4-inch corn tortillas, 1 bag (at least 40)

Kalbi Marinade
adapted from a recipe by Kevyn Miyata
(for 4-5 lbs of short ribs)

1½ cups soy sauce
¼ cup sugar
¼ cup honey
¼ cup sesame oil
8-10 cloves of fresh garlic, crushed
6 large green onions, roughly chopped
1 Asian or Korean Pear (½ roughly chopped, ½ sliced then mashed by hand)
Toasted sesame seeds

Combine all ingredients except meat in a bowl and mix well. In a one gallon ZipLoc bag, combine meat and marinade. Let sit for 24-36 hours, flipping over the bag every 12 hours or so to ensure the marinade is distributed evenly.

Kogi BBQ Sauce
adapted from Steamy Kitchen
3 tbsp sugar
2 tbsp gochujang (Korean fermented hot pepper paste)
2 tbsp soy sauce
2 tsp sesame oil
1 tsp rice vinegar
Sriracha to taste (optional)

Whisk together all the ingredients. If desired, add Sriracha a few drops at a time to the sauce until it’s hot enough for ya. :) If you have one, put sauce in a squeeze bottle to make taco assembly more efficient.

Cilantro-Onion Relish
adapted from Tasty Eats at Home
½ red onion, minced
1 tsp rice wine vinegar
1 tbsp cilantro
Juice of 1 lime
Pinch or two of salt

Add onions and rice wine vinegar in a bowl. Allow to sit for about 5-10 minutes. Drain and rinse. Add rest of ingredients to onions and stir to combine.

Napa/Romaine Slaw with Chili-Soy Vinaigrette
dressing recipe from The New York Times
2 cups Napa cabbage, shredded
4 cups Romaine lettuce, shredded
¼ cup soy sauce
2 tsp rice vinegar
1 clove garlic, peeled and minced
2 small jalapenos, seeded and minced
1 tsp minced fresh ginger

Whisk together the soy, vinegar, garlic, jalapenos and ginger and set aside. Combine Napa and Romaine in a bowl until mixed well. You should have a nice green/white color contrast. For best results, divide slaw into batches and dress each batch as needed so that the greens don’t get soggy.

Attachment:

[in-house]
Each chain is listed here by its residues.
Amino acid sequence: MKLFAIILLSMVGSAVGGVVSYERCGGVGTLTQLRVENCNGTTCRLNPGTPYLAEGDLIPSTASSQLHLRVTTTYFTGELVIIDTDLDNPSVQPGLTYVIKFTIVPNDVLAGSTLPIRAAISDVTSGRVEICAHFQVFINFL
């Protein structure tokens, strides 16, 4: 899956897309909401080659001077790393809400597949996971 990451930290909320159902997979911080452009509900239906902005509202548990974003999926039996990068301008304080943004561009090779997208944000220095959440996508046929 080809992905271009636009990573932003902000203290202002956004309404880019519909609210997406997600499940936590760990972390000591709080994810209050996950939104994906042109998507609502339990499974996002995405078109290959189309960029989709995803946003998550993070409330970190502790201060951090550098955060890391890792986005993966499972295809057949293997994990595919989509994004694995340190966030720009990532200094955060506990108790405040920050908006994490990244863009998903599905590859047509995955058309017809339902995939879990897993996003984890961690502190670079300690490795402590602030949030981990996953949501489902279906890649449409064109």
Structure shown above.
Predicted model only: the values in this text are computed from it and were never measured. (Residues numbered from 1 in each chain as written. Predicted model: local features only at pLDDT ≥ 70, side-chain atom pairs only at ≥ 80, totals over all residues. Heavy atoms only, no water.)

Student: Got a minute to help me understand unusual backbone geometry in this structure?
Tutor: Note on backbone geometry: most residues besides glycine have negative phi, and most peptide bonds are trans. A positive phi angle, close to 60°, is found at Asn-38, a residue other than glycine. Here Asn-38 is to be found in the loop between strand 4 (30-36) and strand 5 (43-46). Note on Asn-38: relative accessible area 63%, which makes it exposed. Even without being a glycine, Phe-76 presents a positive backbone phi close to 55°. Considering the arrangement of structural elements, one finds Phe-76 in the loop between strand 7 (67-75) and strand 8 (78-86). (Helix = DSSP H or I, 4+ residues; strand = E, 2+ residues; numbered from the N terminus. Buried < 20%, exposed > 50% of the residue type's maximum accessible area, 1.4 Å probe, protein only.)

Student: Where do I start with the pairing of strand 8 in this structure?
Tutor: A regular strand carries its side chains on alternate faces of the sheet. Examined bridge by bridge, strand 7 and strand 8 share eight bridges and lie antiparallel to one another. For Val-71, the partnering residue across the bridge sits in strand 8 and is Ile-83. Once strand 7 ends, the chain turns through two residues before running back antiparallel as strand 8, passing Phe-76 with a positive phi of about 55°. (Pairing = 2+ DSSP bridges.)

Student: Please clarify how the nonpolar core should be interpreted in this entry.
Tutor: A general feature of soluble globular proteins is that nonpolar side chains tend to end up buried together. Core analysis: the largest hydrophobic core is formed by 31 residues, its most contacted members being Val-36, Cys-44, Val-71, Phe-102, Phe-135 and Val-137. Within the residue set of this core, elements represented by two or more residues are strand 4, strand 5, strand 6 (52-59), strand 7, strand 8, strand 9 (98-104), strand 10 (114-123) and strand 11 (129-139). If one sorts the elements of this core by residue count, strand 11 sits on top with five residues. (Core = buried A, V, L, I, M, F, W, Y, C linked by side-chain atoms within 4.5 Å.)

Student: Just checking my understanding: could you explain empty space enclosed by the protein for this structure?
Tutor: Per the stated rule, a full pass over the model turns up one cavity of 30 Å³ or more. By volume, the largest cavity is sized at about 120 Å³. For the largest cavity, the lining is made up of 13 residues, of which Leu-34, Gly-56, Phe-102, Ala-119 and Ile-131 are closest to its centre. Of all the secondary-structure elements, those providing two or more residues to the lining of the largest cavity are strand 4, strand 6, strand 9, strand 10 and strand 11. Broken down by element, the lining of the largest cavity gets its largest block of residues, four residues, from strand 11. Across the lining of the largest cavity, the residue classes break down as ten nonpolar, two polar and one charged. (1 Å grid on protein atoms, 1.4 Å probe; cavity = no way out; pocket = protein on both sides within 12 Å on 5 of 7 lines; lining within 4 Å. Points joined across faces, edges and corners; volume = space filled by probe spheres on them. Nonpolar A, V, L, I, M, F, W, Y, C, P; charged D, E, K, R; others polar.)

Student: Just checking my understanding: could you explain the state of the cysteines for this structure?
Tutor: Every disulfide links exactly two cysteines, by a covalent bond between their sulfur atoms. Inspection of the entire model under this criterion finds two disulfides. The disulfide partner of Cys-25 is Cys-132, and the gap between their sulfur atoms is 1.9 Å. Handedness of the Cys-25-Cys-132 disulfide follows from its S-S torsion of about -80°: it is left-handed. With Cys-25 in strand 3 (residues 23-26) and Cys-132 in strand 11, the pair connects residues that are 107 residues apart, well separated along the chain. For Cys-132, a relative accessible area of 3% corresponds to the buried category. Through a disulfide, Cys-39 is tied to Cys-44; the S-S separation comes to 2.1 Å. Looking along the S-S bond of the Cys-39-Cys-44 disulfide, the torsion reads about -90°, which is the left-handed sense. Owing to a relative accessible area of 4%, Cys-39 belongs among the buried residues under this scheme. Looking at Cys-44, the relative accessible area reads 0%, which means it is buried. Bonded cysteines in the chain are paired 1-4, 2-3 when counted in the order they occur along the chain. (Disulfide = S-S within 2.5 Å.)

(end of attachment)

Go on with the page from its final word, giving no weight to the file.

DIRECTIONS

  1. Grill short ribs about a minute per side on a really hot grill.
    Grilling Kalbi
  2. Separate the kalbi meat from the bones and gristle. Cut the meat it into strips lengthwise, then turn 90-degrees and dicing the meat into a “brunoise” of kalbi, if you will. :) If you like the gristle, I’d separate that from the bones and dice it up too. Set the meat aside in a bowl until there’s enough meat to start making tacos en masse.
    Kalbi "brunoise" :P
    Kalbi “brunoise”

    OPTION: After all the meat is diced up, you can either use it straight away or refry it to caramelize the meat so that each piece has a little crunch to it. This extra step is also good if you’re going to use the gristle since it lets it break down a lot more. I’ve done it both ways, and the extra caramelization is really nice.

  3. Heat a lightly oiled cast iron skillet over medium heat. Toast tortillas 30-45 seconds on each side and set aside. Working with a partner or two in an assembly line works great here so tacos can be made right after toasting.